Catalog Doctor: How to Boost Page Sales, A Marketer's Checklist
Patient: Doc, my catalog looks good, and the copy's pretty good, too. But somehow I don't feel like each page is selling as well as it could. Can you give my team any prescriptions for boosting page “sellability”?
Catalog Doctor: Many catalogers have merchants select the products for each two-page spread, then hand them to designers/copywriters to make them look and sound good. But that process can miss the middle step of analyzing how to make each two-page spread sell harder. Here's a prescription for a checklist to help you add that analysis step. Follow it and your catalog should sell better soon.
Marketer's Checklist for Two-Page Spreads to Orient Consumers
- A big spread headline can add clarity, sell and pacing. It can help consumers decide if the spread is worth looking at.
Ask: Does this spread need one? Examples: "Our lightest T-shirts are cool and comfortable," "Are you vacation ready?" and "Luxury."
- Small category titles are like tabs in a big dictionary. Used often by B-to-B catalogers, they can work well for many consumer catalogs by helping consumers know "they're in a section they're interested in."
Ask: Should this spread have a category title? Examples: "Kitchen" or "Garage" in a home catalog, "Classics" or "Mysteries" in a book catalog. Sometimes longer is better: "Chevy Parts" is good, "Chevy Parts 1965 and Older" is better.
- Category breaker spreads "break up" standard design patterns to catch attention and say, "Hey, new category starts here, better take a look."
Ask: Should this be a breaker spread? If yes, what technique should you use: introduction? Big feature product? Lifestyle shot? Switching from a grid to a nongrid, or vice versa?
Strategies to Increase Page Views by Quick-Scanning Shoppers
- Hero products (bigger than average, placed in key spots) help grab readers’ attention so they slow down and look at the rest of the products on each spread.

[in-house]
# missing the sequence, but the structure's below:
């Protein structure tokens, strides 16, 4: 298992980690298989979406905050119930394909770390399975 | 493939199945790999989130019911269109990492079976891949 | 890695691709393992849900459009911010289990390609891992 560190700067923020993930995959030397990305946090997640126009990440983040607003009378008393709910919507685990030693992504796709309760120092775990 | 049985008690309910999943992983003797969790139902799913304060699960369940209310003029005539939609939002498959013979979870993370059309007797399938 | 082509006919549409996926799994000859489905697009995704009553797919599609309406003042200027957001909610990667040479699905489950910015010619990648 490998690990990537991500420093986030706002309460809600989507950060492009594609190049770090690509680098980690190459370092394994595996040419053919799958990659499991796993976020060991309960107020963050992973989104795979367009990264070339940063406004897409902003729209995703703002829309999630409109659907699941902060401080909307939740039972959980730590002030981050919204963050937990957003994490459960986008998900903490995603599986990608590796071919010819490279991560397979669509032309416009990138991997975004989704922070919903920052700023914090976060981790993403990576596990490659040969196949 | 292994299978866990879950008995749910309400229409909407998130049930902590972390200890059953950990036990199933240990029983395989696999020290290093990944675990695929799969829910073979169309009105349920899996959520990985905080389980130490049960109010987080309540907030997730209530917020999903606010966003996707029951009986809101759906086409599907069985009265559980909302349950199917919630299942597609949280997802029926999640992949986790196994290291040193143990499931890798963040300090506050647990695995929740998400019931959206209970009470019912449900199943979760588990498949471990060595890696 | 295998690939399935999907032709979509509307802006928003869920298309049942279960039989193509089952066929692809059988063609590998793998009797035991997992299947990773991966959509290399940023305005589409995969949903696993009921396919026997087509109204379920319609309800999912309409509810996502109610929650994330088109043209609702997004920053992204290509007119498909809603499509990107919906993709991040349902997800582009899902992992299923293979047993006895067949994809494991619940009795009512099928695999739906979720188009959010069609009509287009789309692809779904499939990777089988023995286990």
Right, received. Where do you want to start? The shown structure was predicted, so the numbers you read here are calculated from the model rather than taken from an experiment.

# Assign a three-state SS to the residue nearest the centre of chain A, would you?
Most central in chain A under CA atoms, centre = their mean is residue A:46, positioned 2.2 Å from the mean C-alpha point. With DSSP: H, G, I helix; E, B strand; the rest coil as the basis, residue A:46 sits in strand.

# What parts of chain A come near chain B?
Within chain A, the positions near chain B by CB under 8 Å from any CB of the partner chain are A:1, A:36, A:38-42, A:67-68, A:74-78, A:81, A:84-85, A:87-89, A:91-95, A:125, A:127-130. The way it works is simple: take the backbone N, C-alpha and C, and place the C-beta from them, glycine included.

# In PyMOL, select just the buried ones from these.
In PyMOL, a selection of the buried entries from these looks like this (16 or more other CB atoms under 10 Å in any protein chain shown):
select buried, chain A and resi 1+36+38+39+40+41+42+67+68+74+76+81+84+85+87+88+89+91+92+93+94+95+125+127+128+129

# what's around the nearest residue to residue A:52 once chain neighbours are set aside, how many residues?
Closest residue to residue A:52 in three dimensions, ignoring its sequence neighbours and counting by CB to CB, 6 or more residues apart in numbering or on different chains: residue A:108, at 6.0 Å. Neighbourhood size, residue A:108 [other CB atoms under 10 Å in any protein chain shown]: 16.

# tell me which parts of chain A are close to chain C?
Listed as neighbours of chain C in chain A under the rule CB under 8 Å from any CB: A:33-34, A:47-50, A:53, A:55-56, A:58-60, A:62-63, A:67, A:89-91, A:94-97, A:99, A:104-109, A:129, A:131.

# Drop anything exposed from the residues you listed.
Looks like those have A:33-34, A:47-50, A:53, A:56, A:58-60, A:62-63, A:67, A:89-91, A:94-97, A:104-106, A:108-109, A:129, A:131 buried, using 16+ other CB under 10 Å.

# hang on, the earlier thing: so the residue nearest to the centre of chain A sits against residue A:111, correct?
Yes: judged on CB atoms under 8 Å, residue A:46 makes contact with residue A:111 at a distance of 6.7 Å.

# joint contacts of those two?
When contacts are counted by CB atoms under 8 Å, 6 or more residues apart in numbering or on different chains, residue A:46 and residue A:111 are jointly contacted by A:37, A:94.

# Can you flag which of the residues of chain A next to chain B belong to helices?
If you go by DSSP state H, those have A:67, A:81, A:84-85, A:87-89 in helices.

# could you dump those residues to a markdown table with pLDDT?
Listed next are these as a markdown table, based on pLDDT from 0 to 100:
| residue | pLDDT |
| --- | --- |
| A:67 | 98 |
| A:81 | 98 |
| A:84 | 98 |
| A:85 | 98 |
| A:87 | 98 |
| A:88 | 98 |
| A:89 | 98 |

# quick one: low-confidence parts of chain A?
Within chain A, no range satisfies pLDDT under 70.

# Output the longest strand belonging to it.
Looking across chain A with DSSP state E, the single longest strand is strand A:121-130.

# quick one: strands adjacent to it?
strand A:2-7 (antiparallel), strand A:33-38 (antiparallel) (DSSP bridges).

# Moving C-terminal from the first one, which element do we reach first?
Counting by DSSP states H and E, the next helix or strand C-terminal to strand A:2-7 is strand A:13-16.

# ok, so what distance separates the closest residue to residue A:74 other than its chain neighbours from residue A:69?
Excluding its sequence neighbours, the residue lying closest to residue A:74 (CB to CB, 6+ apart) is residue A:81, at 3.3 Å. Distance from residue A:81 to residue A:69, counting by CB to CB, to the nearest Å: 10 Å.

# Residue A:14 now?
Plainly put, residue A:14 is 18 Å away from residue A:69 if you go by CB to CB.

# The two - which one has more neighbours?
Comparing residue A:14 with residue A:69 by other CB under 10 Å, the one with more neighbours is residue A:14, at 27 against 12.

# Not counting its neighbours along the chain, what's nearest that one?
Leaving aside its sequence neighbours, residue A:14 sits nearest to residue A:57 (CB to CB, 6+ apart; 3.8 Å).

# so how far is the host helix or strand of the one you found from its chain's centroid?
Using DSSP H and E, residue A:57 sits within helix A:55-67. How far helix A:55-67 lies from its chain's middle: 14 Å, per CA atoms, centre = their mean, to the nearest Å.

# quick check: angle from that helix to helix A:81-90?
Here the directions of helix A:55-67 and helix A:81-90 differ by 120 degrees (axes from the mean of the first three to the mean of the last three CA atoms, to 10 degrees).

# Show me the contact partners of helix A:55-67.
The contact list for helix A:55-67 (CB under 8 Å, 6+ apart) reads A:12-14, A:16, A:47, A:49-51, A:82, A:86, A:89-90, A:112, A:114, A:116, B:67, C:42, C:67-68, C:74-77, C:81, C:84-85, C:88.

- Ask: Have I assigned a No. 1 and No. 2 hero for this spread? Are they best-sellers for that category? Occasionally "new" or something else special can justify making a non-best-seller a hero.
- Useful/interesting product groupings help quick-scanning readers better notice great products.
Ask: How can I build effective groups on this spread? Examples: Chicken-motif items together, dustpans with brooms, group of anti-pest items.
- Don't bury special features.
Ask: Does this product have features that would benefit from special attention outside of the copy block? Examples: Photos of a hidden zip pocket, callouts to a Teflon coating, illustration of how a table unfolds, etc.
Susan J. McIntyre is Founder and Chief Strategist of McIntyre Direct, a catalog agency and consultancy in Portland, Oregon offering complete creative, strategic, circulation and production services since 1991. Susan's broad experience with cataloging in multi-channel environments, plus her common-sense, bottom-line approach, have won clients from Vermont Country Store to Nautilus to C.C. Filson. A three-time ECHO award winner, McIntyre has addressed marketers in Europe, Australia and New Zealand, has written and been quoted in publications worldwide, and is a regular columnist for Retail Online Integration magazine and ACMA. She can be reached at 503-286-1400 or email@example.com.